Opening decoration: The scroll opens with a panel containing several narrative scenes from the Esther story. In the decorative panel, in the central part of the upper register, there is the royal couple seated on the throne with a canopy that is placed on a pedestal. The king and the queen are accompanied by courtiers; on the right, the princes of Media and Persia are standing (Es. 1:14) and Esther's maidservants on the left (Es. 2:9).
E | Esther, Book of (following the order of the story) | Ahasuerus and the seven princes of Persia and Media (Es. 1:13-15) | Seven princes of Persia and Media (Es. 1:14)
E | Esther, Book of (following the order of the story) | Seven maidens given to Esther (Es. 2:9)
The Book of Esther in Hebrew and the benedictions recited before the Megillah reading
The text is written in 17 columns. Additionally, initial benedictions are written within the opening decoration.
A central part of the opening decoration is removed and this place was supplemented with a small piece of parchment or paper with a different shade on which the benedictions recited before the reading of the Megillah are inscribed.
There are two variants of the scrolls decorated with this pattern that in the Index are marked "I" and "II". In some exemplars, just below the decorative herms, the pedestals with angel's heads and bases were added, therefore, the text panels in these scrolls are higher; this type is marked with "II". Whereas, the rest of the manuscripts containing no pedestals with angel's heads and bases are marked with "I". The latter are more numerous.
The blue seams visible on the edges of the first membrane of the scroll suggest that a piece of fabric was sewn underneath as it was customary in Dutch Jewish communities.
A part of the border on the third membrane is printed in a light hue of ink and is less visible than the rest of the pattern.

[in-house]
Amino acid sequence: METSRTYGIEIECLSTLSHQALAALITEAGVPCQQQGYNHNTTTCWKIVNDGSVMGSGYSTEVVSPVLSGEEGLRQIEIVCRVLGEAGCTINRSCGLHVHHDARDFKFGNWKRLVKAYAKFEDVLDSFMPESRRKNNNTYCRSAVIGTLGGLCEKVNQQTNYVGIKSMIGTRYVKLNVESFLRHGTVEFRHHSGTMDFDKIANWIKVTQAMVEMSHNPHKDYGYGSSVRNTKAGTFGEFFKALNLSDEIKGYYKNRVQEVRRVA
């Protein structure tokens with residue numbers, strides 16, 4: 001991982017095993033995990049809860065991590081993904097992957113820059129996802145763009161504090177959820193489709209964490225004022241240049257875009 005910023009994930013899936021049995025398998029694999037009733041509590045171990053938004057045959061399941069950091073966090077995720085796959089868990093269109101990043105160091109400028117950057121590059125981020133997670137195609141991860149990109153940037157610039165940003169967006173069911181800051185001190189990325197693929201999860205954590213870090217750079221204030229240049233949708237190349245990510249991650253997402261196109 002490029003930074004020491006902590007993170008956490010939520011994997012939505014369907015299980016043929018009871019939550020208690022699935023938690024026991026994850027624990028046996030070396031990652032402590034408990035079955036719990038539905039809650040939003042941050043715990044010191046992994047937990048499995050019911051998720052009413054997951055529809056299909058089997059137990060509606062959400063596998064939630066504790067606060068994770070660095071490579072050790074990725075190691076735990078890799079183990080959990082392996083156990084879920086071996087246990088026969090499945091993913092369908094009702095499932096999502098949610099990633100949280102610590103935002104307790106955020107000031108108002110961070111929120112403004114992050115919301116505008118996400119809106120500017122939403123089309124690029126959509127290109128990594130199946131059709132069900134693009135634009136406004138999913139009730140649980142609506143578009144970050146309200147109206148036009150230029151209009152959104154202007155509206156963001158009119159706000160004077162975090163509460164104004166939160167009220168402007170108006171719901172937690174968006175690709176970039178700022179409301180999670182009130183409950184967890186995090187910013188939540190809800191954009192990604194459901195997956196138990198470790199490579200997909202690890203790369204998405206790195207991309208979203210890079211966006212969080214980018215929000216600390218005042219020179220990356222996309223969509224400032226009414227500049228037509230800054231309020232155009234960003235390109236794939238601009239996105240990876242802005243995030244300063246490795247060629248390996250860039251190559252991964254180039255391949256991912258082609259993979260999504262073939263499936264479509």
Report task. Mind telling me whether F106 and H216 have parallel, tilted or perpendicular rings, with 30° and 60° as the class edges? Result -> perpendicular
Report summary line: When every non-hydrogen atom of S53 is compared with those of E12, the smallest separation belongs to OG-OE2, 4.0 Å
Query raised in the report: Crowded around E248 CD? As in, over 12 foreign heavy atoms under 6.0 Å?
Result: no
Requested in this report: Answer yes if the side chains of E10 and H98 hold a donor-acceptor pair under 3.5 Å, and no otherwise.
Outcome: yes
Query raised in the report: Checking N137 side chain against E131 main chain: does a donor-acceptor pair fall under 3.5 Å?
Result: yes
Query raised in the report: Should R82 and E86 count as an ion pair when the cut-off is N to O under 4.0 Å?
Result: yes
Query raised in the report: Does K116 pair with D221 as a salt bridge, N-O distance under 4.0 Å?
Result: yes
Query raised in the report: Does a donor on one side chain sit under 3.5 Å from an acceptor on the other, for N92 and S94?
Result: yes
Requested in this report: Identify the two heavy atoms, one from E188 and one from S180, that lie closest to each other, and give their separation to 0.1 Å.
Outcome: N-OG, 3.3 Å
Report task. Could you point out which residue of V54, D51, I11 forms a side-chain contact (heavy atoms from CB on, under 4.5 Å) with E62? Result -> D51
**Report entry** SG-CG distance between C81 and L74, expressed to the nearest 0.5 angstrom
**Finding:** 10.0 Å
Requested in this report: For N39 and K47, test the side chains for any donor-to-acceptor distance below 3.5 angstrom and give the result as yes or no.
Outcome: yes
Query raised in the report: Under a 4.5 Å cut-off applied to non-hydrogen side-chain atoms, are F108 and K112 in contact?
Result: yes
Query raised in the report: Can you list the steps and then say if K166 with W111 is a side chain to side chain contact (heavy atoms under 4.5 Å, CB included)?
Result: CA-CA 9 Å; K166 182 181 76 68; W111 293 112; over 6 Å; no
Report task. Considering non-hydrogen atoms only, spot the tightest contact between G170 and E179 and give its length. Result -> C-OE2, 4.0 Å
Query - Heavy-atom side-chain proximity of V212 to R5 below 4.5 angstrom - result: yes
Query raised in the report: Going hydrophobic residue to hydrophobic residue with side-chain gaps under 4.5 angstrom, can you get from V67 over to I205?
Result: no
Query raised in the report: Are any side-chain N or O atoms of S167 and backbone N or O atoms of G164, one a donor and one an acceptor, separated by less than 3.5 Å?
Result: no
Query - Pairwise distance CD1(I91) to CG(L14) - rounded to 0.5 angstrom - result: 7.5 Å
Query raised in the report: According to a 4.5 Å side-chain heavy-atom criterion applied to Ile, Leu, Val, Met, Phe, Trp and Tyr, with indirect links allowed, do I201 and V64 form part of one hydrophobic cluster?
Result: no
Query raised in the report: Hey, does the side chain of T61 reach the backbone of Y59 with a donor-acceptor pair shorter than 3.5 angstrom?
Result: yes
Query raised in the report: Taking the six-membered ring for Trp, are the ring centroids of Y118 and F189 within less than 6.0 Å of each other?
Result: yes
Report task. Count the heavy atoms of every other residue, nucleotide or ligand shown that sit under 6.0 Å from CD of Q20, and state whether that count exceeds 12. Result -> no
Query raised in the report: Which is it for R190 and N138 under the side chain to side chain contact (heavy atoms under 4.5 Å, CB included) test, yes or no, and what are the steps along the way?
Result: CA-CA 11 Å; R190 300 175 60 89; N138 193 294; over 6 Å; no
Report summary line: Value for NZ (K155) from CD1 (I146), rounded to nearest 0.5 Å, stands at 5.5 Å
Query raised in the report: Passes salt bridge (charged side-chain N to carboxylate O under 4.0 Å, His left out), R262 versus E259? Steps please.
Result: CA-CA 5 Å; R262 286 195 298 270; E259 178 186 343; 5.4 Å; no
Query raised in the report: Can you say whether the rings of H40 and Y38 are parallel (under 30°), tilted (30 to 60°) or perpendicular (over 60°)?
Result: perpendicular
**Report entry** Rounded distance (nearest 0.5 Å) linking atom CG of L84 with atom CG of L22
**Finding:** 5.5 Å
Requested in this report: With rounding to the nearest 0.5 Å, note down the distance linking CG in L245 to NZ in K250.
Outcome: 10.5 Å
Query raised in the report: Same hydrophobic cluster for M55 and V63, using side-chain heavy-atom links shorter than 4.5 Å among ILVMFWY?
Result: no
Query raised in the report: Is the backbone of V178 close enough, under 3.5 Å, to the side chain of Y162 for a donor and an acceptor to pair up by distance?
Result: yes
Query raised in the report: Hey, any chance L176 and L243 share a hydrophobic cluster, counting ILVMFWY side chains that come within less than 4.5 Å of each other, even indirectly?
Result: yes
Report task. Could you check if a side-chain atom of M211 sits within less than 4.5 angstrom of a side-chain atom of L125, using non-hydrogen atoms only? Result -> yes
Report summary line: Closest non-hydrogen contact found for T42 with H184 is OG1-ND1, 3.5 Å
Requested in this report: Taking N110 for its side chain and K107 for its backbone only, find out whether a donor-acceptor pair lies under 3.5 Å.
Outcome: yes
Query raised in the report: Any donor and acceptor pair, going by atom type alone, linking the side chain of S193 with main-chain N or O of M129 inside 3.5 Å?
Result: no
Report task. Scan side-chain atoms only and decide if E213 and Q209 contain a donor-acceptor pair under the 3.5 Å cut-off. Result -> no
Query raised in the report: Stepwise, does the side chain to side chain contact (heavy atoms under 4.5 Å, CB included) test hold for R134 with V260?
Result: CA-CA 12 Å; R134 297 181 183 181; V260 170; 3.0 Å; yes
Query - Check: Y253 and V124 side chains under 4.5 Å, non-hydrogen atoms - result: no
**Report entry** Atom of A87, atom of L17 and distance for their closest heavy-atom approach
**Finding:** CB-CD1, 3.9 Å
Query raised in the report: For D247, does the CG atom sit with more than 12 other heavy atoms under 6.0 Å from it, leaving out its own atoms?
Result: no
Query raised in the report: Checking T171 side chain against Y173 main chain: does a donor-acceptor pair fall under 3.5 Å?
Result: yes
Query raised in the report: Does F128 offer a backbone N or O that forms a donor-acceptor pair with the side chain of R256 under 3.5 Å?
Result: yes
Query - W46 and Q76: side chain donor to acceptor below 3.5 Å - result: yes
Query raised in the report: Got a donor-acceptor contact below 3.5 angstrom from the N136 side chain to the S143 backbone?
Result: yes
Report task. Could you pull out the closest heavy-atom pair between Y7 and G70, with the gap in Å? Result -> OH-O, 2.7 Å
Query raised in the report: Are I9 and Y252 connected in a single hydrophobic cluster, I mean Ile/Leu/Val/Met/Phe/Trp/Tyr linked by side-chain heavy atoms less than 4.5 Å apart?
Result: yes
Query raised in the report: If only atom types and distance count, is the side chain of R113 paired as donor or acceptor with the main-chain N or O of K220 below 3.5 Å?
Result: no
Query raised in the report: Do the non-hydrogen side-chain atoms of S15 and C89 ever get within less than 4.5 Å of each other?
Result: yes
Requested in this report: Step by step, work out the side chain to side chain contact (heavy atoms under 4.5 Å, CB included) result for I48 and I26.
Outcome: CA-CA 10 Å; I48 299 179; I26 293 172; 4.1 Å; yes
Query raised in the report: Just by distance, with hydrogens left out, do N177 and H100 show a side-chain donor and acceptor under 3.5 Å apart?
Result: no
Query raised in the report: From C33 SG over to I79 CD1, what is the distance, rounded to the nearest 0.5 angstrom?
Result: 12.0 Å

The earliest scroll sharing similar engraved pattern is dated to 1701; this is the megillah BCM 25 from the Braginsky Collection in Zurich (see http://braginskycollection.com/esther-scrolls/; accessed on 22.04.2020).
The current location of the scroll is unknown; previously it belonged to the Gross Family Collection (081.012.008).
Other scrolls sharing the same or similar pattern are discussed for example in:
Jiřina Šedinová, From the Mss. Collections of the State Jewish Museum in Prague. The Scrolls of Esther, „Judaica Bohemiae” 1979, nr 15/2, 79-80.
Olga Sixtova, O svitku / Form of the Scroll [katalog k výstavě konané v Galerii Roberta Guttmanna Židovského muzea v Praze od 22. června do 26. července 2006], Prague 2006, 37.
A Journey through Jewish Worlds: Highlights from the Braginsky Collection of Hebrew Manuscripts and Printed Books, eds. Evelyn M. Cohen, Emile Schrijver, Sharon Liberman Mintz, Amsterdam 2009, 234-237.
Schöne Seiten. Jüdische Schriftkultur aus der Braginsky Collection, eds. Emile Schrijver, Falk Wiesemann, Evelyn M. Cohen, Sharon Liberman Mintz, Menahem Schmeltzer, Zurich 2011, 282-283.
Victor Klagsbald, Catalogue raisonné de la collection juive du Musée de Cluny, Paris 1981, 63-64, object 72.
Dagmara Budzioch, The Decorated Esther Scrolls from the Museum of the Jewish Historical Institute in Warsaw and the Tradition of Megillot Esther Decoration in the Seventeenth and Eighteenth Centuries – An Outline [Polish: Dekorowane zwoje Estery z Żydowskiego Instytutu Historycznego w Warszawie na tle tradycji dekorowania megilot Ester w XVII i XVIII wieku. Zarys problematyki], Warsaw 2019, 1:163-176, 2:41-49.